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Lehigh Carbon Community College

For the 2022-23 academic year, Reinhardt University launched Green Zone Training. Green Zone Training provides faculty, staff, and students with an understanding of the military experience of student veterans as they transition from the military to campus life.

According to Walter May, Ph.D., dean of students, last year Reinhardt had 37 students receiving veteran’s benefits, and of those students, 13 were actual veterans. To better support these students, he says, “We began looking at how we serve these students, what resources we can offer them, and what resources are available in the community around us that we can serve them with.”

A committee was formed consisting of faculty, staff, and students to work on a plan to better serve this population of students. Committee members include Cheryl Brown, Ph.D., professor of sociology and United States Army veteran; Melody Bourne, DBA, Enrollment Management for Professional Studies and Graduate Admissions (PSGA) and United States Army veteran; Robin McNally, assistant professor of math; Tommy Calhoun, records and registration administrator; and student Scott Wade ’23, a veteran of the United States Navy.

Following models of other schools, Reinhardt decided to implement Green Zone Training. Through this training, participants learn to understand who our student veterans are and learn about the military experience. They also learn about the veteran experience in higher education, what they can do to support our student veterans, and become familiar with resources, both on and off campus, that may be of help to our student veterans.

“Green Zone Training is important for the Reinhardt community because it creates a supportive environment for our military-affiliated students,” says Bourne. “Our faculty, staff, and students who receive the Green Zone Training are better able to understand the unique experiences and challenges of this population group, and, more importantly, are better equipped to refer these students to the appropriate services, resources, and key points of contact as needed.”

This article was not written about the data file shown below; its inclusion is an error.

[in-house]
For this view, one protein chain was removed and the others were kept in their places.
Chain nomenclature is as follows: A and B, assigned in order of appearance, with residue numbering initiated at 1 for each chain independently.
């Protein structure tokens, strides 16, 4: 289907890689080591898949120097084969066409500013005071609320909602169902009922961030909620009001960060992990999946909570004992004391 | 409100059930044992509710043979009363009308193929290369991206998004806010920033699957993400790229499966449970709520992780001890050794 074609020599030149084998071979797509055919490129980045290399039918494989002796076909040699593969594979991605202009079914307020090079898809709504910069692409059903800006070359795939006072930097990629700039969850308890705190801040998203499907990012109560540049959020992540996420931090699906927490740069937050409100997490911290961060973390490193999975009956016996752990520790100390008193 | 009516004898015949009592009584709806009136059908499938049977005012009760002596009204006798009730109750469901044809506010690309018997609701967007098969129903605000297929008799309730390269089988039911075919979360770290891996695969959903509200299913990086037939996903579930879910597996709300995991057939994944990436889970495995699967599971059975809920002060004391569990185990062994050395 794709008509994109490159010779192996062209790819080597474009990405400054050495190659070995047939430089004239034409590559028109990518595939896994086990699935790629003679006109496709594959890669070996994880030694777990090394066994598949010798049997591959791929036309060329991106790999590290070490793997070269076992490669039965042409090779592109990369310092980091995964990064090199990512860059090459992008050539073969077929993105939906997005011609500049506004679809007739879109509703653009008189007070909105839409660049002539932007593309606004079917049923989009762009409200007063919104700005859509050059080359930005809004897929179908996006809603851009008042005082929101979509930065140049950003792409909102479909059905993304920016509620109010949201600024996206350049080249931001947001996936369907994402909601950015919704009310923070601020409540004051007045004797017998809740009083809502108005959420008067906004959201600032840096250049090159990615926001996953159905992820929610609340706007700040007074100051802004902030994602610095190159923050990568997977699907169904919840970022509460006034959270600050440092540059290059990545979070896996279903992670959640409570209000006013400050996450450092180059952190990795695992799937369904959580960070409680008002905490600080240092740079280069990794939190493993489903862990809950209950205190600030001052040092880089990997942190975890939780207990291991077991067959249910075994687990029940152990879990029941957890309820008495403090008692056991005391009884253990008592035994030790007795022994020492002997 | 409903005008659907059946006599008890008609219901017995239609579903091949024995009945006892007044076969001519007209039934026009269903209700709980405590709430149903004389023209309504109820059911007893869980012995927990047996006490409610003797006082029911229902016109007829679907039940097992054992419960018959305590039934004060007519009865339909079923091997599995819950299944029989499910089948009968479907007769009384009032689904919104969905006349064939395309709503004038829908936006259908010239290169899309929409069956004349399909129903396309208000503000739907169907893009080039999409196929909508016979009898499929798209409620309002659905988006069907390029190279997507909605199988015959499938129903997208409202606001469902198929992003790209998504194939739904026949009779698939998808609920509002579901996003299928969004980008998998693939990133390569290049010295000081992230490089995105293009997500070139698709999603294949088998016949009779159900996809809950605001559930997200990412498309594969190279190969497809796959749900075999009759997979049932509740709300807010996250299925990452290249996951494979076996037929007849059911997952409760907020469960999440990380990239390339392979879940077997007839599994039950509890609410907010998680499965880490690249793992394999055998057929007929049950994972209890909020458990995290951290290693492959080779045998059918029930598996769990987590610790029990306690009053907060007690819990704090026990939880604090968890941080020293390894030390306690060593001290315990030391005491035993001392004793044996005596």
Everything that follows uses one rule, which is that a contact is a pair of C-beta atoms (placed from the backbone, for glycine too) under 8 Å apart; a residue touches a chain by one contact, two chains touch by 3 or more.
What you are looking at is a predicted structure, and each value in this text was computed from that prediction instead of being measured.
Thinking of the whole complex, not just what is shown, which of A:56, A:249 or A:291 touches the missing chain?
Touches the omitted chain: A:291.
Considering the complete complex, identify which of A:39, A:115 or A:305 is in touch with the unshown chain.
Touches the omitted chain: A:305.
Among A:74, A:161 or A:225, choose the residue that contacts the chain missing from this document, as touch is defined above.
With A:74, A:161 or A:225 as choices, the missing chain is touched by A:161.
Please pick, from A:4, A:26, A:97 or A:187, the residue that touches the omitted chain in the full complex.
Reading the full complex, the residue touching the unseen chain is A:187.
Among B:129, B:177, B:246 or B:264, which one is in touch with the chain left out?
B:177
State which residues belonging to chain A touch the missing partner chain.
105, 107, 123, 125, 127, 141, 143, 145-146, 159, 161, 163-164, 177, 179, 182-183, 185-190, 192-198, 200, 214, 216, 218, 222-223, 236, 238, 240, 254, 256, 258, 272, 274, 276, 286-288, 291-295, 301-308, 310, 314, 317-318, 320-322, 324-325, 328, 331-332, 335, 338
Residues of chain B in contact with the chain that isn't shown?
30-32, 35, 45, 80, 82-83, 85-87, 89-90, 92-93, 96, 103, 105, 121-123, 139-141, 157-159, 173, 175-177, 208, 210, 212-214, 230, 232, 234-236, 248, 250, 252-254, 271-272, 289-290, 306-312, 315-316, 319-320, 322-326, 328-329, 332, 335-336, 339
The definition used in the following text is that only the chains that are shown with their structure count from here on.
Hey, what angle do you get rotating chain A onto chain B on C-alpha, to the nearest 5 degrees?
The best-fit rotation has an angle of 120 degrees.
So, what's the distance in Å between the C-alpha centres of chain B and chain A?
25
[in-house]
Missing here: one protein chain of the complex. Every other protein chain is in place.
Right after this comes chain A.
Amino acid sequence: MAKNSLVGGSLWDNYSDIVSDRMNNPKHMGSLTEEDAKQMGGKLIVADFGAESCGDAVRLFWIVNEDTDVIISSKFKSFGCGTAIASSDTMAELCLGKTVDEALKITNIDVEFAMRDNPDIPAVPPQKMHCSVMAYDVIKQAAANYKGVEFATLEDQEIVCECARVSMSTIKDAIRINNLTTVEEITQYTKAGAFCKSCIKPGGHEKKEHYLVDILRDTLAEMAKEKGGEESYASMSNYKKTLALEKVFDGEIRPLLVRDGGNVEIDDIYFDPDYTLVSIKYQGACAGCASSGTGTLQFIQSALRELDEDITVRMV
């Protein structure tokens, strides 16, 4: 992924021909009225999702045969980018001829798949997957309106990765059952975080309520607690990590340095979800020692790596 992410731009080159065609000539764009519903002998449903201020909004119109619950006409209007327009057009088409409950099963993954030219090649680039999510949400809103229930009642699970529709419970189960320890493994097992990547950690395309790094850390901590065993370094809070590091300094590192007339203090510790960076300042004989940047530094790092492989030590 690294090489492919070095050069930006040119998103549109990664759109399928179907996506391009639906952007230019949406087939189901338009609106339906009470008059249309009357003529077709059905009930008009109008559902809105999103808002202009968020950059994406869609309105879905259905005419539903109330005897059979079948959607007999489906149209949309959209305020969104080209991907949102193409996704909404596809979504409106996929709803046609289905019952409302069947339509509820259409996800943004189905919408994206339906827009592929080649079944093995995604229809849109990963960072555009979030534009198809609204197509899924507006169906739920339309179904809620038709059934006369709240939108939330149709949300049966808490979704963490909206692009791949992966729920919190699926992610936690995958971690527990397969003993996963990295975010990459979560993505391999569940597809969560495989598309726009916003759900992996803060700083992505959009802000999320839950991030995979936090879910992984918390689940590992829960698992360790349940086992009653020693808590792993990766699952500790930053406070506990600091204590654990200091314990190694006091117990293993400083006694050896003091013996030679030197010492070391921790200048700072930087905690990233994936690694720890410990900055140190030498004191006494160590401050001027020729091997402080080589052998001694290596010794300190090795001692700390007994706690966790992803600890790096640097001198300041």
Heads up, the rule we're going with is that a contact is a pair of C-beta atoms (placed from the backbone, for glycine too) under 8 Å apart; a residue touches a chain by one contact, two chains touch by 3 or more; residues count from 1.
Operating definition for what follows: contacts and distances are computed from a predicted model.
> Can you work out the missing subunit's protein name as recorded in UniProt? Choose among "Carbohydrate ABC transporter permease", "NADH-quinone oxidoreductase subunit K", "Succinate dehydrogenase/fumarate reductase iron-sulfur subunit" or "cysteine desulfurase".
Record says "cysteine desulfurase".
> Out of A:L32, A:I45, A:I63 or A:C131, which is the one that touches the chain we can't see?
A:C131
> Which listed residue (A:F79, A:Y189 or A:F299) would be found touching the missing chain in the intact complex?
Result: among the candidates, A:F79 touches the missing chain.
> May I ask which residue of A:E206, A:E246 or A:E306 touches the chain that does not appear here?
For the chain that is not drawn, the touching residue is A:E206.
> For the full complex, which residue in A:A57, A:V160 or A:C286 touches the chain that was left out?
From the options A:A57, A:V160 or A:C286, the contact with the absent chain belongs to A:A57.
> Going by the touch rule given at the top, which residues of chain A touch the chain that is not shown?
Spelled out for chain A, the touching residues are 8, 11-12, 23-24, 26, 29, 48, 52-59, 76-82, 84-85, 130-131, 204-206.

“The training is a great way to show our support for all members of the community who have served in uniform along with their families who also share the costs of service,” says Brown. “We also want staff and faculty to understand the transition our veterans and their families may be going through as they join the RU community.”

Bourne emphasizes that the training is not intended for participants to become a counselor in any way. “We just want people to have empathy, understanding, and the ability to point a student in the right direction,” she says.

Green Zone Training is offered in person. Upon completion of the training, participants receive a sign to display in their office. The sign lets any veteran or military-affiliated students on campus know whom they can go to for support.

The Green Zone Training Program began at Virginia Commonwealth University in Richmond, Virginia in 2010 and is now found at institutions of higher education across the country. Modeled after the Safe Zone program, Green Zone seeks to provide a network of allies for all veterans and military-affiliated students on campus.

The name Green Zone should be familiar to many post-9/11 military personnel. It is an internationally recognized secure zone in Baghdad, Iraq.

Reinhardt’s first training session was offered during the faculty/staff Welcome Back week before students arrived on campus in August. “We currently have 15 Green Zone-trained faculty and staff,” says May. “We will offer another training in January 2023 for all interested faculty, staff, and students.” May notes that anyone interested in Green Zone Training can contact the Dean of Students Office for training information.